Raspberry Pi server goes 110V!

I rebuilt my RasPi server into a 110V powered box. This makes it a lot simpler to figure out how to connect it up. There is a power cord and a Ethernet cable sticking out one end of the Radio Shack project box.

RadioShack project case with Raspberry Pi and a power adapter inside.

RadioShack project case with Raspberry Pi and a power adapter inside.

I added an inline power switch for convenient shutdown. The modifications only took about an hour to carry out.

Tools needed:

  • Soldering Iron and Solder.
  • Screwdrivers to open PSU and to install the board mounts.
  • Drill with 3/16″ bit.
  • Crimping tool for header pins, can use needle nose pliers.
  • Wire cutters.
  • De-soldering bulb.

Parts needed:

  • Adafruit board edge mounts (7)
  • Adafruit 5.25V 1A USB PSU.
  • Radio Shack 3.25″ X 6.25″ X 2″ project enclosure
  • 110V/120V power cord 6 feet.
  • Leviton Inline rocker switch.
  • CAT5E Ethernet Cable 6ft.
Adafruit USB board (modded) and the Raspberry Pi board mounted to the aluminum plate of the project box.

Adafruit USB board (modded) and the Raspberry Pi board mounted to the aluminum plate of the project box.

The SD card sticks out the end of the box for easy access. The USB key in the picture is used as a swap drive, this protects the SD card from excessive writes.

The adapter opened up.

The adapter opened up.

The two red wires lead to the blades that insert into the wall outlet. The USB port was removed and a four pin (1/10th “) connector was attached to the four pin header on the RasPi. This RasPi has had both USB ports removed and replaced with 1/10th” pin headers.

As an added bonus power usage dropped from 6 watts to 5 watts. This is probably due to lower resistance in the 5V line between the adapter and the RasPi. It is only about 6″ long now. The 110V power cord is about 6′ long.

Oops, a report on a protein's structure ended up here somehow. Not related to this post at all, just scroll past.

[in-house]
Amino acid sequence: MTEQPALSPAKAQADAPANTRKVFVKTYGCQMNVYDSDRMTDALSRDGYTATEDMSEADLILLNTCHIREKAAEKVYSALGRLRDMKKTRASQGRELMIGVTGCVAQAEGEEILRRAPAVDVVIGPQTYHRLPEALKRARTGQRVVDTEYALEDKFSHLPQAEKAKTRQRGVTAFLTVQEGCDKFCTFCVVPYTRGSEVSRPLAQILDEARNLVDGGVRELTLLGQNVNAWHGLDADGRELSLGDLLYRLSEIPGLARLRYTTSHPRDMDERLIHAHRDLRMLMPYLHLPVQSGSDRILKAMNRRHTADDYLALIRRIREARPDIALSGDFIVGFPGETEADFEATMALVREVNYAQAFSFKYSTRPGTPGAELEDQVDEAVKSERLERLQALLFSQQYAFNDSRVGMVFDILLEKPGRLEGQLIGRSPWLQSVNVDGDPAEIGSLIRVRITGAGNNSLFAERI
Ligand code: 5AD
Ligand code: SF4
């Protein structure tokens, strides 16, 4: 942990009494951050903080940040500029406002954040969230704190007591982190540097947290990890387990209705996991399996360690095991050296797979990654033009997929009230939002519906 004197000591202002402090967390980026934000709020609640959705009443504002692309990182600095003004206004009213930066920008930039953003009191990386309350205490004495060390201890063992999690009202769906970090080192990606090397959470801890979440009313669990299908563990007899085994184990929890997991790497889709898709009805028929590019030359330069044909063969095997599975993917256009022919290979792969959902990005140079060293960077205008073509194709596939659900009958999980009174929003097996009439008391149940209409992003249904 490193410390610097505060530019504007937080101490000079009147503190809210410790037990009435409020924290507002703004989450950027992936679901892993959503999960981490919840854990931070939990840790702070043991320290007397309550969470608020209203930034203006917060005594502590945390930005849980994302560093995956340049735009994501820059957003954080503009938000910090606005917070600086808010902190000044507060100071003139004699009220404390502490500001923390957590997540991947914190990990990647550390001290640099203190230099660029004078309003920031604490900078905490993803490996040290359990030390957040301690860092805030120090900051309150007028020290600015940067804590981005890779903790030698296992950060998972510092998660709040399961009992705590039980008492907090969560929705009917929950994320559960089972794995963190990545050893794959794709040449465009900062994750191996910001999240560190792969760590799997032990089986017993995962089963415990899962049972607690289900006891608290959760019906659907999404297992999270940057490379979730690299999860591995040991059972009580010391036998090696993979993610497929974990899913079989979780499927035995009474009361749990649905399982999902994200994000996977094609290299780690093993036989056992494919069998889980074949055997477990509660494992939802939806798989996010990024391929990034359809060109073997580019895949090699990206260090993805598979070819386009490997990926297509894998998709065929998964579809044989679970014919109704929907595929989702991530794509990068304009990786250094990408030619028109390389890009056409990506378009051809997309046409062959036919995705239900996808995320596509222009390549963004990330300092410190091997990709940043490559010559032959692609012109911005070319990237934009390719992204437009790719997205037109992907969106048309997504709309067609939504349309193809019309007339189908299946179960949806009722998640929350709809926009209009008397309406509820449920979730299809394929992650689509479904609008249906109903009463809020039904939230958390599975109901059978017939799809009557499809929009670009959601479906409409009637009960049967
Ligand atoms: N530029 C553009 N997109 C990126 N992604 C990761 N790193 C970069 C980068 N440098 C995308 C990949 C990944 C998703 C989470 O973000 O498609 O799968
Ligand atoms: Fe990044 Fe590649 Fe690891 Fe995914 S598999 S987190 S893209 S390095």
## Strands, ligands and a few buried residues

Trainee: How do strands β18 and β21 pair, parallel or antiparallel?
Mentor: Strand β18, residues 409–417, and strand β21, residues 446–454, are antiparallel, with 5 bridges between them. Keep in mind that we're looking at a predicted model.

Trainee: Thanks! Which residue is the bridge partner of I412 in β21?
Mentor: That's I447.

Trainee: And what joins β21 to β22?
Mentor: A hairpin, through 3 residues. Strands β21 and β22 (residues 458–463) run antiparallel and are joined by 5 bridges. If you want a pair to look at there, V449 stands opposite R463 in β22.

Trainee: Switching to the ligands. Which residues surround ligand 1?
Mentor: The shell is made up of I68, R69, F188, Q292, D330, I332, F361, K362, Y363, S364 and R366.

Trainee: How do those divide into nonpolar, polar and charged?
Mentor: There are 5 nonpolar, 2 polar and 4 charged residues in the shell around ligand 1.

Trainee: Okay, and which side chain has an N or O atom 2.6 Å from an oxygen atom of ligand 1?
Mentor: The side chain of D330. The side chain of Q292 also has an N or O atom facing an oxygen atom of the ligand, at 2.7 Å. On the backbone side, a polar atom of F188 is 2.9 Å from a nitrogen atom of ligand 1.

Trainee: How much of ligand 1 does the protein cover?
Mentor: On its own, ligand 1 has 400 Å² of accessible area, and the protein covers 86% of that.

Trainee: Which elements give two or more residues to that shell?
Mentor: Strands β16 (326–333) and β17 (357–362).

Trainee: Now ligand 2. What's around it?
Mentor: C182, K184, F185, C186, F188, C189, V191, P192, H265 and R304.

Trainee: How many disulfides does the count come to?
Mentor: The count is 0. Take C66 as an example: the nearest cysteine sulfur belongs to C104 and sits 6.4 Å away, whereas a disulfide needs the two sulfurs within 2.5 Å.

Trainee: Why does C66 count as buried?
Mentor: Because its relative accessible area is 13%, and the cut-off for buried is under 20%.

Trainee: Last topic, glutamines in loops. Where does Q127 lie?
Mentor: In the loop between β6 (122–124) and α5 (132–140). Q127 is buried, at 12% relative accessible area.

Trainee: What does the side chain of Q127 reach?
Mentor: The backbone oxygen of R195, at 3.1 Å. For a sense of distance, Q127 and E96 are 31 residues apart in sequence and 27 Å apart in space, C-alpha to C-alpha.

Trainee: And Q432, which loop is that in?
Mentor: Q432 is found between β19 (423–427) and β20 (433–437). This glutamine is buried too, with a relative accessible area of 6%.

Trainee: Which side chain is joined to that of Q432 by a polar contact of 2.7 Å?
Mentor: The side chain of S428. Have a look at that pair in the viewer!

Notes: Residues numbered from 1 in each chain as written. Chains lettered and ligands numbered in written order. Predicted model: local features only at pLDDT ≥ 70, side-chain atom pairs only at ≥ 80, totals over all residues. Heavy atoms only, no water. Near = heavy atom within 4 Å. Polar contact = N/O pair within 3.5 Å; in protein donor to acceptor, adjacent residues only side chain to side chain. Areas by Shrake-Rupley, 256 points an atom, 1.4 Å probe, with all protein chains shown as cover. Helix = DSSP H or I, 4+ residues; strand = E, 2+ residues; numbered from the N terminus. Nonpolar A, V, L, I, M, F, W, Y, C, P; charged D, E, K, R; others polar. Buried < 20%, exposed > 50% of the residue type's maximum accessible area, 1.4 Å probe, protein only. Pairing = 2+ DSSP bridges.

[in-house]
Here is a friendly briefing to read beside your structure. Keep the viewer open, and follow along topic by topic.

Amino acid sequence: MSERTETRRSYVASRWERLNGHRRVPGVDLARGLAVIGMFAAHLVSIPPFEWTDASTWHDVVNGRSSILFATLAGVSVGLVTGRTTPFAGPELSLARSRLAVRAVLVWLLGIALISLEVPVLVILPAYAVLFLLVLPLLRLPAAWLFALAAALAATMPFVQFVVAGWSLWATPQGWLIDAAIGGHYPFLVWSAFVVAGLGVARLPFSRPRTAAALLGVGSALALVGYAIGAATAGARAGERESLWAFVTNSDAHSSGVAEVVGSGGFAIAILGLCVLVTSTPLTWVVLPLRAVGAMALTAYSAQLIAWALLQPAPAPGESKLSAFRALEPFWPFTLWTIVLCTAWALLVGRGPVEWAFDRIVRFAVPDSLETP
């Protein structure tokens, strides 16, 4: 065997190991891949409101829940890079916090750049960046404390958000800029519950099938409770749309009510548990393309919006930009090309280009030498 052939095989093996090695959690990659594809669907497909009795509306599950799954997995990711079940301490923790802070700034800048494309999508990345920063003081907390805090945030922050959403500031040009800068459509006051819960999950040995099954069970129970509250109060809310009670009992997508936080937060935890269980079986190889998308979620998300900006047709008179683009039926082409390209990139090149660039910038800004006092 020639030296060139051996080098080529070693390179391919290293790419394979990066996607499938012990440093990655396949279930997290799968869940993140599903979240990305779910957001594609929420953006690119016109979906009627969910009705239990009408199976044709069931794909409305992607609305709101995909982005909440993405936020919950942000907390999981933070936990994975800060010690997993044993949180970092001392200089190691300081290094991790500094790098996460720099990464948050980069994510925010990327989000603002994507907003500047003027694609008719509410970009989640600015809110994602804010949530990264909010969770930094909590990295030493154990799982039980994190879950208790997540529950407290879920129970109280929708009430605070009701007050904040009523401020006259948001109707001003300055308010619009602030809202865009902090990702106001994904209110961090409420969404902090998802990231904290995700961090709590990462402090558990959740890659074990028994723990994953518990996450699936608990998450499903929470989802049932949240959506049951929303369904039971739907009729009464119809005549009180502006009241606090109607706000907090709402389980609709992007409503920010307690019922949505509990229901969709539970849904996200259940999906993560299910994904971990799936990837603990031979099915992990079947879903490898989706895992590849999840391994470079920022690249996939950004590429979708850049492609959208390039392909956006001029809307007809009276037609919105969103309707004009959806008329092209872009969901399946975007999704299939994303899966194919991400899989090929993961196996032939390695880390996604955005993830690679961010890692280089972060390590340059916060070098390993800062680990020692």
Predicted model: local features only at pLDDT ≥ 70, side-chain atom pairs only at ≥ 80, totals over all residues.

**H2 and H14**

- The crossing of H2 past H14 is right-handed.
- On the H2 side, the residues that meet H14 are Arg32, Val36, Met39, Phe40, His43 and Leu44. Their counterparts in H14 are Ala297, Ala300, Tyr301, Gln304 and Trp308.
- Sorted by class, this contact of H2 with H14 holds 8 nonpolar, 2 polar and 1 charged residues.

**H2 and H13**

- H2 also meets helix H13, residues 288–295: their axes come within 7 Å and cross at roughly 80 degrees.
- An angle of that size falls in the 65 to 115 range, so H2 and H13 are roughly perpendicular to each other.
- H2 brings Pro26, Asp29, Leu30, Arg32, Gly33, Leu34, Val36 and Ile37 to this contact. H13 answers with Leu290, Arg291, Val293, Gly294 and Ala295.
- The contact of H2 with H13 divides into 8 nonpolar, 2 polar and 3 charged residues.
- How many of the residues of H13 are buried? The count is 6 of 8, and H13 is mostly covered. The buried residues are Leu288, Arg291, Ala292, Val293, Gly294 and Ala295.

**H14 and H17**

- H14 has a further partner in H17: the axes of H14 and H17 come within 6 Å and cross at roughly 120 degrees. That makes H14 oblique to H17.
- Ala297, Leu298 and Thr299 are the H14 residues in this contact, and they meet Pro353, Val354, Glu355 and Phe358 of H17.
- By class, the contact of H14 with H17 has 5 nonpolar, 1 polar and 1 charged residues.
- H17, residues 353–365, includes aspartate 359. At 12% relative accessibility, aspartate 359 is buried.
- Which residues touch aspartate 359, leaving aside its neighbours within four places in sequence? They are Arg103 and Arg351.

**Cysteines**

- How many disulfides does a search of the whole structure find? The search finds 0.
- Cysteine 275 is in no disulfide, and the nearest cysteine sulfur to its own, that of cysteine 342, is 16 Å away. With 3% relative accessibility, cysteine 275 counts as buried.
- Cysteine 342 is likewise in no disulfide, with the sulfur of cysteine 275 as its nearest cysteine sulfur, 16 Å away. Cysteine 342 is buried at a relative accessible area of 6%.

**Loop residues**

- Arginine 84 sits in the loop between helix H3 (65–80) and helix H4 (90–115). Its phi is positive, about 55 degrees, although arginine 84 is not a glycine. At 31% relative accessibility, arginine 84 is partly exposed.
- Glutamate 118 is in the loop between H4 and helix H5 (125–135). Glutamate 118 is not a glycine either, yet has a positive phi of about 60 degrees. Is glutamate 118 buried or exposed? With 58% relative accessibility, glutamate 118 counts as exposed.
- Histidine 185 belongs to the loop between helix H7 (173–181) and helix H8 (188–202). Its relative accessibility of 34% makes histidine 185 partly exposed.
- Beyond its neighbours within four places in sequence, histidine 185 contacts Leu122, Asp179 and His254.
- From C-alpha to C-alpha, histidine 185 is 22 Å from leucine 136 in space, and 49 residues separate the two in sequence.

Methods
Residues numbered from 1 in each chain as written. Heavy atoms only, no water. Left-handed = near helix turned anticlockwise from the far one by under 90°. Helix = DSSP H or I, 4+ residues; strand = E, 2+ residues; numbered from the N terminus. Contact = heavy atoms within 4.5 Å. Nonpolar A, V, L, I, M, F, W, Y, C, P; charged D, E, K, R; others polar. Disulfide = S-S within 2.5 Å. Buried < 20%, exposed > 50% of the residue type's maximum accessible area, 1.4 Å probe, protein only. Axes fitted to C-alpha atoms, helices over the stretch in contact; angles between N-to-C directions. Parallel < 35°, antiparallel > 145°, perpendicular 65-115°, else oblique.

I will continue to work on this Server. I would like to be able to see the status lights from the RasPi and the power light. I may also decide to have external USB ports in the box. This system could also have a USB HDD inside. The Adafruit adapter will not support one at only 1A output. A different adapter at 2A would support a HDD.


  • Very easy to carry out maintenance.
  • Smaller overall footprint.
  • On/Off switch instead of unplugging.
  • Board protected from shorts.
  • Slightly lower power usage, due to shorter cable length, switching regulator.


  • Has to be opened to change any of the equipment.

Possible future upgrades:

  • Add 4 port USB hub internally.
  • 2A PSU to power the hub.
  • Light pipes to view status lights.


updated 11/14/13

As of 12/19/13 I moved to a 512MB Raspberry Pi board. I turned the board 90 degrees in the case so I can reach the USB and the SD card connectors on each side. This board does not have pin headers so I had to attach a micro USB to the internal PSU. It still uses a 512MB USB stick as a swap partition.

I had to reduce the Over Clock as the board was failing in boot. I do not think the OC works as well when the board is powered by micro USB rather than back-powered. Something I will have to investigate!

updated 12/26/13

Well the server has been running for several months now. Moving the PSU into the server box works very well. It has been very stable. I believe the back-powered boards over-clocked better than this board which has been powered by the micro USB. I am going to order a couple of the newer 512MB boards. I want to see if they are better than these Chinese 512MB boards. I still have some power problems due to the local power company. I need to get the setup onto a UPS system. It would then be 100% reliable. It is already pretty reliable now!

Updated 1/31/14

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